Eekwol Fights for Aboriginal Women’s Rights Through Hip-Hop

She's been called Canada's first solo female Aboriginal hip-hop artist, but she doesn't love the title.

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Jan 13 2016, 3:06pm


Photo courtesy of Sweet Moon Photo

Hip-hop’s roots are inextricably linked to political, socioeconomic, and racial inequality. Not that you might think of those things while turning up at a party or waxing poetic on a hoverboard. Enter the conscious rapper to remind us what’s real. Saskatoon, Saskatchewan’s Eekwol raps about her Canadian prairie surroundings and Cree culture. Born Lindsay Knight, she began performing in the late 90s with her brother Mils and five cousins under the banner of Innersoulflow. Eventually, the members went solo, but Eekwol continued to promote social change and the quest for knowledge and self discovery through her music.

Following the Soundsick EP, her first full-length solo album Apprentice to the Mystery, produced by Mils, went on to win at the 2005 Canadian Aboriginal Music Awards in the hip-hop category. During a recent phone interview from Saskatoon with Noisey, the emcee said winning was “shocking” and awards are nice, but she explained, “I rap for the desire to make something powerful and creative.” Eekwol didn’t attended the ceremony in Toronto, assuming she wasn’t good enough to win the prize.

During the interview, Eekwol touched on a number of her anxieties within the music industry. For instance, she’s been called, “Canada's first solo female Aboriginal hip-hop artist,” which is not only a title that is difficult to prove, but she said it limits broader acceptance of the art she makes. We asked Eekwol about her take on Canada’s music landscape, her place in it, and her newest album Good Kill. To start, she spoke about the problem with categorizing music by race.

Noisey: How do feel about the categorization of Canadian awards in general? Do you take issue not being up against other non-Aboriginal Canadian hip-hop acts?
Eekwol: Totally. I love hip-hop. I love the culture. It’s always spoke to me since I was young. It was never because I was Indigenous or a female … How do you possibly adjudicate a pow wow album with a hip-hop album? You just can’t. It seems kind of contrived.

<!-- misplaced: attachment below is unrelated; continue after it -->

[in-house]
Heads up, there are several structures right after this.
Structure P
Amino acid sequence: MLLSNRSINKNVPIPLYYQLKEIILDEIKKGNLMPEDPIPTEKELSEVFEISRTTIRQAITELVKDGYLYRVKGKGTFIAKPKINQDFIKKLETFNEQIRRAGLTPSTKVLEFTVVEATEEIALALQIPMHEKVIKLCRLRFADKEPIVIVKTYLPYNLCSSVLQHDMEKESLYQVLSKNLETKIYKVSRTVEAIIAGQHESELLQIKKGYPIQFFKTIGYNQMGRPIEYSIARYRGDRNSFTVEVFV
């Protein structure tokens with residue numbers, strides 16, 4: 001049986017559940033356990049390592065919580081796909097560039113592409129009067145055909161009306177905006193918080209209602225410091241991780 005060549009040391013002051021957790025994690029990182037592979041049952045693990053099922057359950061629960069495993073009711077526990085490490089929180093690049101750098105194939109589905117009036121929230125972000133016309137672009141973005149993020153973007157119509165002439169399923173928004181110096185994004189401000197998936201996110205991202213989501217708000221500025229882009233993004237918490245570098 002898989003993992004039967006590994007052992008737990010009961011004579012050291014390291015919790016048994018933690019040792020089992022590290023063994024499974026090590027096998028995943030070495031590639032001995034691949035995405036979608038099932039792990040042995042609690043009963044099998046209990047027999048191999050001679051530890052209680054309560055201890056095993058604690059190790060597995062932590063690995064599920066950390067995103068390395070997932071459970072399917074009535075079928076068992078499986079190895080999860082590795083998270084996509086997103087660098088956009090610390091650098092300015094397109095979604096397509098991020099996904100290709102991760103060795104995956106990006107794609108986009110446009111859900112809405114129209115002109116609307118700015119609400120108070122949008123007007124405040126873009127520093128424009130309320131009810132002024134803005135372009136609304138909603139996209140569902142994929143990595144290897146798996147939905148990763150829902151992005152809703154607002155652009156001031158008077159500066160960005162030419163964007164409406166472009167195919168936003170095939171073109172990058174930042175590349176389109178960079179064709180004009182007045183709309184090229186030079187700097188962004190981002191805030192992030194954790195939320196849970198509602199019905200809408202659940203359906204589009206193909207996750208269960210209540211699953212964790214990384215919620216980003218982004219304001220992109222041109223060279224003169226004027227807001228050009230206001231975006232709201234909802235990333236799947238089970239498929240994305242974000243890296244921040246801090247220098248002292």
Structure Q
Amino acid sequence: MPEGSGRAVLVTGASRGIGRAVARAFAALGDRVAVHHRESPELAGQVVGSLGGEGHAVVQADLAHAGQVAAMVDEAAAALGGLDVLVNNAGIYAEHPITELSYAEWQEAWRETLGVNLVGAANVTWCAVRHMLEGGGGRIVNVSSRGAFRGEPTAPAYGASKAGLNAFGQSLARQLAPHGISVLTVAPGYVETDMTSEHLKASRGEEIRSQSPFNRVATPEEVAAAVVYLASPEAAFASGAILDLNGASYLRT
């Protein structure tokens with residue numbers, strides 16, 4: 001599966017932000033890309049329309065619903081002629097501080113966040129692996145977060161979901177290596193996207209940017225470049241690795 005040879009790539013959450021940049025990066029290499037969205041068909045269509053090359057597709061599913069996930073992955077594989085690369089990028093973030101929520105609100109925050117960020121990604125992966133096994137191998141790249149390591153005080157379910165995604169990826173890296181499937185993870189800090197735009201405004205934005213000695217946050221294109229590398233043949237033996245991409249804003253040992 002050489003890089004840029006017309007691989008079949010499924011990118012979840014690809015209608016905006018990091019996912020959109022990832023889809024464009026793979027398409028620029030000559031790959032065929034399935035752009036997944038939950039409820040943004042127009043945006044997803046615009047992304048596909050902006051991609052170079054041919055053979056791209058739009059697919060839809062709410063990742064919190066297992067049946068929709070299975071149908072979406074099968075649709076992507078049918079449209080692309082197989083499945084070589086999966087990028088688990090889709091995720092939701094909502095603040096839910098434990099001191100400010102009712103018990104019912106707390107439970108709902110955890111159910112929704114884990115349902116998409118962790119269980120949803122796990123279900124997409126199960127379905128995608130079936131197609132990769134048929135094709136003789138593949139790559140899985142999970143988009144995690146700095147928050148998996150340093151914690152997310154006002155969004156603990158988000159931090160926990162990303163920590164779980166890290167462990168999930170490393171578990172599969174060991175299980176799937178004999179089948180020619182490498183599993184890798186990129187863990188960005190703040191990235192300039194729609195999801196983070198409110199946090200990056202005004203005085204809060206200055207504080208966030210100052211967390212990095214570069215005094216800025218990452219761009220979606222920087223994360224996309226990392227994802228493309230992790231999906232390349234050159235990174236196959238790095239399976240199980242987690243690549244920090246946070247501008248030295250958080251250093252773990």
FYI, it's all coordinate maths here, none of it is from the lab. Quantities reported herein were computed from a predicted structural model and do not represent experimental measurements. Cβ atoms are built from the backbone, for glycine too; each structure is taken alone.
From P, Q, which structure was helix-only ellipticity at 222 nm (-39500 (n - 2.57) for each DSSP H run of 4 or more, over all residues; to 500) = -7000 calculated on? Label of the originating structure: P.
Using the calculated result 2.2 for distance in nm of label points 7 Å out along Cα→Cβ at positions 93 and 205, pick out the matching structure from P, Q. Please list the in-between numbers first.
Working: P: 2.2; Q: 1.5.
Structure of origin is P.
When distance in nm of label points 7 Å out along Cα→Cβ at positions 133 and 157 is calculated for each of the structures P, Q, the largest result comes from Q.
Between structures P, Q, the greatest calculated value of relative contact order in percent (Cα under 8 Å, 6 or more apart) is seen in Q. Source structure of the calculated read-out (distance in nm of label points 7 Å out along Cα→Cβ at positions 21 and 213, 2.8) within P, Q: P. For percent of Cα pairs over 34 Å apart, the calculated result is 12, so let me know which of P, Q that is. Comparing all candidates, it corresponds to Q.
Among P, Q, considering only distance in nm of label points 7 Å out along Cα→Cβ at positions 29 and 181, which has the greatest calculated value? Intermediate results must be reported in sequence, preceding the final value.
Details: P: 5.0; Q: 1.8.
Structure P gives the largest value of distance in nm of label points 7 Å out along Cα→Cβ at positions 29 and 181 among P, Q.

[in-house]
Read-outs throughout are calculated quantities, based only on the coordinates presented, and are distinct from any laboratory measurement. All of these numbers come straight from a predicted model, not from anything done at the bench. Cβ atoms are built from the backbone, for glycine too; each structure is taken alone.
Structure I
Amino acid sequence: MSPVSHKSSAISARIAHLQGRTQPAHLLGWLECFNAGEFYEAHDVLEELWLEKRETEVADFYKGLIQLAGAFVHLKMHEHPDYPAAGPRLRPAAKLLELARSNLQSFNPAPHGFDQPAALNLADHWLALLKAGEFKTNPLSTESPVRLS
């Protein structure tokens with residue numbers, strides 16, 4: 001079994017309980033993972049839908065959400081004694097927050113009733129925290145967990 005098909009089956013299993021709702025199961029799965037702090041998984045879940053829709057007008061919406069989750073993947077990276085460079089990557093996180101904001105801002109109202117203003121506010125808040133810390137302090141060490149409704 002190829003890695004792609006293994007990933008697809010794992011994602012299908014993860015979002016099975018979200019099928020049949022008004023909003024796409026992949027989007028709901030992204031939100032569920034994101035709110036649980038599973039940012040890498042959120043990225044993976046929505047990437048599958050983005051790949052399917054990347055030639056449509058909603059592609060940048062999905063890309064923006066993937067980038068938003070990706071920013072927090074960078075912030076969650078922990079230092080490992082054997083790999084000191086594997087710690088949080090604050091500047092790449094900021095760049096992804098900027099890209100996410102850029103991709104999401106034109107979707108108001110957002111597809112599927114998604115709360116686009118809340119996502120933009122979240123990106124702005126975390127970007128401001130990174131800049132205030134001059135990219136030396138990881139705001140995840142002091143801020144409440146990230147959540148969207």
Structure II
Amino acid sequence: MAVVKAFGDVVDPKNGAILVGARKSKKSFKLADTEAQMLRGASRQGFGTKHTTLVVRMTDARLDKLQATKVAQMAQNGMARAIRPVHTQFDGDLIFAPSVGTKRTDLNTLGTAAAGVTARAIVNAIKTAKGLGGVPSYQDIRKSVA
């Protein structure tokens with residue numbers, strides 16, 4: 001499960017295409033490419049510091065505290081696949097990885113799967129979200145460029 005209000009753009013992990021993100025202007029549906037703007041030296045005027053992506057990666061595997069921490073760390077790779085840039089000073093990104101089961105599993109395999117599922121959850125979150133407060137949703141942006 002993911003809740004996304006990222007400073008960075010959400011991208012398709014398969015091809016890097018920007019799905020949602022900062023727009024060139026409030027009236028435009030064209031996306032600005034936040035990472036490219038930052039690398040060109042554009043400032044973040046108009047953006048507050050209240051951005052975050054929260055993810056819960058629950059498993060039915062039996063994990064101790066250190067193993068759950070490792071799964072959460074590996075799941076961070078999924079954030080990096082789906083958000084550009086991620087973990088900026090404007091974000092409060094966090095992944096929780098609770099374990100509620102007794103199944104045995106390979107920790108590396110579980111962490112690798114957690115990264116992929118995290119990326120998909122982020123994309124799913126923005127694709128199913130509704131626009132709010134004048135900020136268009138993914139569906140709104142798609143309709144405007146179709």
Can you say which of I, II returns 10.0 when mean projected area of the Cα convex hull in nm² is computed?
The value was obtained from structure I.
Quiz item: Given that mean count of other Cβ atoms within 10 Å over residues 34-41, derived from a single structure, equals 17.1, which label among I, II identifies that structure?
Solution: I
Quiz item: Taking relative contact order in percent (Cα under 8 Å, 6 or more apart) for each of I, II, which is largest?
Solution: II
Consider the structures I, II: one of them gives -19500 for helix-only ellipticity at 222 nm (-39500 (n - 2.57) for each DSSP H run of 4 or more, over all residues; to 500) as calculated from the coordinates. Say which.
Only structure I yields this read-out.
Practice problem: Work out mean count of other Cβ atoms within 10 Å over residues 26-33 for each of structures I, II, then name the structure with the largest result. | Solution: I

Does the categorization of your art feel like a sham by the larger industry?
Yeah, depending on the situation. In some situations there’s a need for an extra acknowledgement because there are different understandings, education levels and world views to take into consideration. But when it’s something like an awards show and there’s a completely different category, I guess it just looks good, but I don’t know how that’s helping or furthering artists.

Does that hold creativity back?
I think so. [2014] was dope because A Tribe Called Red won the JUNO for Breakthrough Group of the Year. It was the first time since Buffy Sainte-Marie or something when Indigenous artists actually won that category. It was a big deal.

Speaking of A Tribe Called Red, 2oolman produced “Pitiful” on you newest album Good Kill.
[A Tribe Called Red] have always been friends of mine. We’ve done a few shows together. They had me come down to Ottawa for the Electric Pow Wow. Me and Wab Kinew performed that night. [A Tribe Called Red and I] actually ended up connecting on a musical level. 2oolman’s production is insane. He sent me some beats and one of them spoke to me for the lyrics I was working on. That ended up being the first track on the album.

What can you say about Public Enemy’s Fear of a Black Planet?
[Laughs] That was actually the first CD I purchased. I was pretty proud of myself. My introduction to hip-hop was along those lines. It was more political. The artists coming out spoke to issues. That interested me more than the mainstream artists—although I enjoyed them too. As far as the underground, socially conscious stuff, that was always my main love listening to hip-hop.